But here’s the thing, white fragility and that instinctive “criticizing a thing I love for racism is a direct attack on me, a person that you apparently think is a racist” is a deeply personal problem that you need to unpack. Unlearning racism and practicing better behavior isn’t supposed to be comforting or easy and so if you’re going into learning about fandom racism and how to combat it feeling fragile…

If your approach to reading tweets or posts about Fandom’s very obvious issues with race and racism is to plan to reject learning if it doesn’t cater to you or whiteness…

If you tone police fans of color – who often aren’t actually being as mean as they want to be, trust me – and use the tone you think you’re hearing to excuse not caring about racism in fandom…

You’ve already set yourself up to fail.

Fans of color who are talking about racism aren’t trying to hurt you specifically or anyone in general.

We’re trying to unpack the fact that the cool and fun fandom space that we’ve been inhabiting our entire lives has been consistently hostile to us. Most fans of color talking about racism aren’t even talking to white people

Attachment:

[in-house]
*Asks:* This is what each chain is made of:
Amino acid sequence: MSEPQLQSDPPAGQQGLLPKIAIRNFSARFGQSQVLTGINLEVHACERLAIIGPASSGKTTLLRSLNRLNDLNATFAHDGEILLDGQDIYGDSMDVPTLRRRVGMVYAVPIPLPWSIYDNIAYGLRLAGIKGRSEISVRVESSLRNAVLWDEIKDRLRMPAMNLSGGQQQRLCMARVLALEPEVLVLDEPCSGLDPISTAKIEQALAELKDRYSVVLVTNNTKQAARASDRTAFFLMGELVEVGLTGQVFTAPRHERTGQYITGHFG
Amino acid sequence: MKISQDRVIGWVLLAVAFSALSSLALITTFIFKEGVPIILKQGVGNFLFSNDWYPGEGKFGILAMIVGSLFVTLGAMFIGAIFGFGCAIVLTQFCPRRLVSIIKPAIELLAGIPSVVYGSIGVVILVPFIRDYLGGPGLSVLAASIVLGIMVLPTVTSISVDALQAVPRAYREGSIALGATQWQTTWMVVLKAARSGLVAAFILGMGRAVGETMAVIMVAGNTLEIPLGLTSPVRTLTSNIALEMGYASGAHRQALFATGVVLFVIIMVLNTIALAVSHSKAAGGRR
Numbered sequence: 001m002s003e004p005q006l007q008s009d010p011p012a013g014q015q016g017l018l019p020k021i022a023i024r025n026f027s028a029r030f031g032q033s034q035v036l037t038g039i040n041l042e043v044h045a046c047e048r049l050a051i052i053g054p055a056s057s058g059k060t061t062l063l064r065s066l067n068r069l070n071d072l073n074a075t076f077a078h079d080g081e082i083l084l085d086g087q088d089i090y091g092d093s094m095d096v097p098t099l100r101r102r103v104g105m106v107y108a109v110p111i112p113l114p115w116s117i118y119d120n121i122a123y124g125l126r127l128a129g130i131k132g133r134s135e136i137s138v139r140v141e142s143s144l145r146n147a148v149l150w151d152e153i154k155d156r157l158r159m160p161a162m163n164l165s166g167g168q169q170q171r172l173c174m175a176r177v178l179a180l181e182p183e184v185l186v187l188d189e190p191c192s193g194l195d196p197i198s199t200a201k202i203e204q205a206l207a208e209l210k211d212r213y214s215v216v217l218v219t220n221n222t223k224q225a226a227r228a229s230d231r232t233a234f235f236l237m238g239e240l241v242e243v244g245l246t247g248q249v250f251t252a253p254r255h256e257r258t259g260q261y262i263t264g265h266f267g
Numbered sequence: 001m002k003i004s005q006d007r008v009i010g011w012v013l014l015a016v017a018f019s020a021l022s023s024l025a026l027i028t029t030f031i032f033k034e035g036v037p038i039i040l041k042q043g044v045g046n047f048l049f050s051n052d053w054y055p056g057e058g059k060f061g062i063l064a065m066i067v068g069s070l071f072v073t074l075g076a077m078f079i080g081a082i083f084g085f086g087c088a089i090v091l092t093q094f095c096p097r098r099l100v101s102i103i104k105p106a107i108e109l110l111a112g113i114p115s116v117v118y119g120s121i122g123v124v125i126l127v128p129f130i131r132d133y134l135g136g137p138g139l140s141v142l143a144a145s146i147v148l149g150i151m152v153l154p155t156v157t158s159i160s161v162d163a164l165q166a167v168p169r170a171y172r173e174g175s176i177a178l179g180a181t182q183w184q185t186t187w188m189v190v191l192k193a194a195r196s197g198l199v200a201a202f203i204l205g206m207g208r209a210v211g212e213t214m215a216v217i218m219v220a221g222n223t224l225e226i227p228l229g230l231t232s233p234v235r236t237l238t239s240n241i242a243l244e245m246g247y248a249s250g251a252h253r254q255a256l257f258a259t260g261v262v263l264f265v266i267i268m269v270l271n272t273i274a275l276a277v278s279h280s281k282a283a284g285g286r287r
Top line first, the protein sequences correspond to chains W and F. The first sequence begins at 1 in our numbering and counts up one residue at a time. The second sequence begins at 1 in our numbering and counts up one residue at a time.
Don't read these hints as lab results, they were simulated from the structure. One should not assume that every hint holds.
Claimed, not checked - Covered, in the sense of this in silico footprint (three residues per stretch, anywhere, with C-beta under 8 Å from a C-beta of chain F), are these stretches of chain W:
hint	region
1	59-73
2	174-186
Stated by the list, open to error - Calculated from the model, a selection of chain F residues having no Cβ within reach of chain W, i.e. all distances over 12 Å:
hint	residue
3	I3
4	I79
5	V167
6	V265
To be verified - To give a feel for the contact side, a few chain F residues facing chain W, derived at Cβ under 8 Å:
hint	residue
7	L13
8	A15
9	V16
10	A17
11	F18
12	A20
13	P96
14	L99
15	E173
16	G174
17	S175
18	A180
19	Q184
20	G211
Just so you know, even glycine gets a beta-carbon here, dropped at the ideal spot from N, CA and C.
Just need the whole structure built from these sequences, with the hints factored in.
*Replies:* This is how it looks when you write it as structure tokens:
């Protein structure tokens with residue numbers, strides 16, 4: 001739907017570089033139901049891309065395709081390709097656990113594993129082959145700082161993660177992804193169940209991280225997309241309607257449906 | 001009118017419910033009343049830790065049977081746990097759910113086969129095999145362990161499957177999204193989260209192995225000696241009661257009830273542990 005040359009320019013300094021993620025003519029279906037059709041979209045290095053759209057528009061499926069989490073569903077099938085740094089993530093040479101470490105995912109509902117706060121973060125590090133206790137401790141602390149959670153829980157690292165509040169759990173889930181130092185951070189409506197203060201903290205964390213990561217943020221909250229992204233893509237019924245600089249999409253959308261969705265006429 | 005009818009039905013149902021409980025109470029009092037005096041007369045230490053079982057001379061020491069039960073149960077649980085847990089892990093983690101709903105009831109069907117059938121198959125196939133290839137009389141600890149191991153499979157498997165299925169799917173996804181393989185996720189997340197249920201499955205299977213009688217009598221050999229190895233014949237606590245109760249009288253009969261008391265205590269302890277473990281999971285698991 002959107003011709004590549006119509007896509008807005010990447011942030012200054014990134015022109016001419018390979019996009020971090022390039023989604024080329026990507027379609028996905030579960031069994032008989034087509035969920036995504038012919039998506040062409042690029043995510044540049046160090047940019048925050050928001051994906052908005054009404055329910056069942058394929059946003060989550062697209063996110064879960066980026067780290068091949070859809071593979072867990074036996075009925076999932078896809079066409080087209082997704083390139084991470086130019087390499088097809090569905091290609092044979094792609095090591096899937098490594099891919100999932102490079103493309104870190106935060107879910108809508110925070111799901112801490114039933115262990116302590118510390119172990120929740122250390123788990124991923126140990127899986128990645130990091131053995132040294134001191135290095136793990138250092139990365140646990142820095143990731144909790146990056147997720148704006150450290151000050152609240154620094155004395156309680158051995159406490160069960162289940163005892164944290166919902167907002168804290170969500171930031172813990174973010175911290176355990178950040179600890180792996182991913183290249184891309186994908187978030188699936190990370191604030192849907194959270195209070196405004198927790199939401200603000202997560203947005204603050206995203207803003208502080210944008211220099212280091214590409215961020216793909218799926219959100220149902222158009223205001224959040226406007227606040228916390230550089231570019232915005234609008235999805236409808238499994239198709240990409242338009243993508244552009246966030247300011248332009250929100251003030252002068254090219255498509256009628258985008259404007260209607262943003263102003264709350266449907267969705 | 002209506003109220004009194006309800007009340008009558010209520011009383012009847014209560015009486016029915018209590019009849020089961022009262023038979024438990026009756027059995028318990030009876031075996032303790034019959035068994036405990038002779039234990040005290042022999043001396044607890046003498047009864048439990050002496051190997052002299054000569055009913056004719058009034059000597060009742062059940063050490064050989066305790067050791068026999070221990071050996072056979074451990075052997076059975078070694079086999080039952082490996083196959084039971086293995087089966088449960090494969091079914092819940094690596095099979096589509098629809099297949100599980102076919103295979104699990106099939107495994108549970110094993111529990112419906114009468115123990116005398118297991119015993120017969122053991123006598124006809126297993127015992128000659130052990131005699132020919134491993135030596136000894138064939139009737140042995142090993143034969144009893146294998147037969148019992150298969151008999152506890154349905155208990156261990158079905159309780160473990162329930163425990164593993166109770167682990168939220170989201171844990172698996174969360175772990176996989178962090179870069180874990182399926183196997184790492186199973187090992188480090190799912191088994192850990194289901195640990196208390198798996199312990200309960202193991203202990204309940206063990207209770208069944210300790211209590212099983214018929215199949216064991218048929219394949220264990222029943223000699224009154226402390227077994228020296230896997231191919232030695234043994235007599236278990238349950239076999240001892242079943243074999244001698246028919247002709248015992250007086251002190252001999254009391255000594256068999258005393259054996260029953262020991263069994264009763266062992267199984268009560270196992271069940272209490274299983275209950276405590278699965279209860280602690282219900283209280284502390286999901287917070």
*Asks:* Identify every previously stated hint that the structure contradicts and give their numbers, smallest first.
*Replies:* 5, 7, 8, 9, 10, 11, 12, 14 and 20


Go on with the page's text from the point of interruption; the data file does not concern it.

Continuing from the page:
We’re also almost always talking to other fans of color about things that affect us and not to people who really do the thing. Because we’ve all been burnt by trying to talk to a fan more invested in whiteness (which is not exclusive to white people) than they are in making fandom welcoming.

We’re talking amongst ourselves because we already know that most people don’t care and aren’t interested in listening. And if we’re being accused of being bullies for talking amongst ourselves about racism in fandom in a way that doesn’t center them –

Why on Earth would we try to talk to those people directly?

So how can you fracture your fandom fragility?

A Solution:

Recognize that this isn’t about you.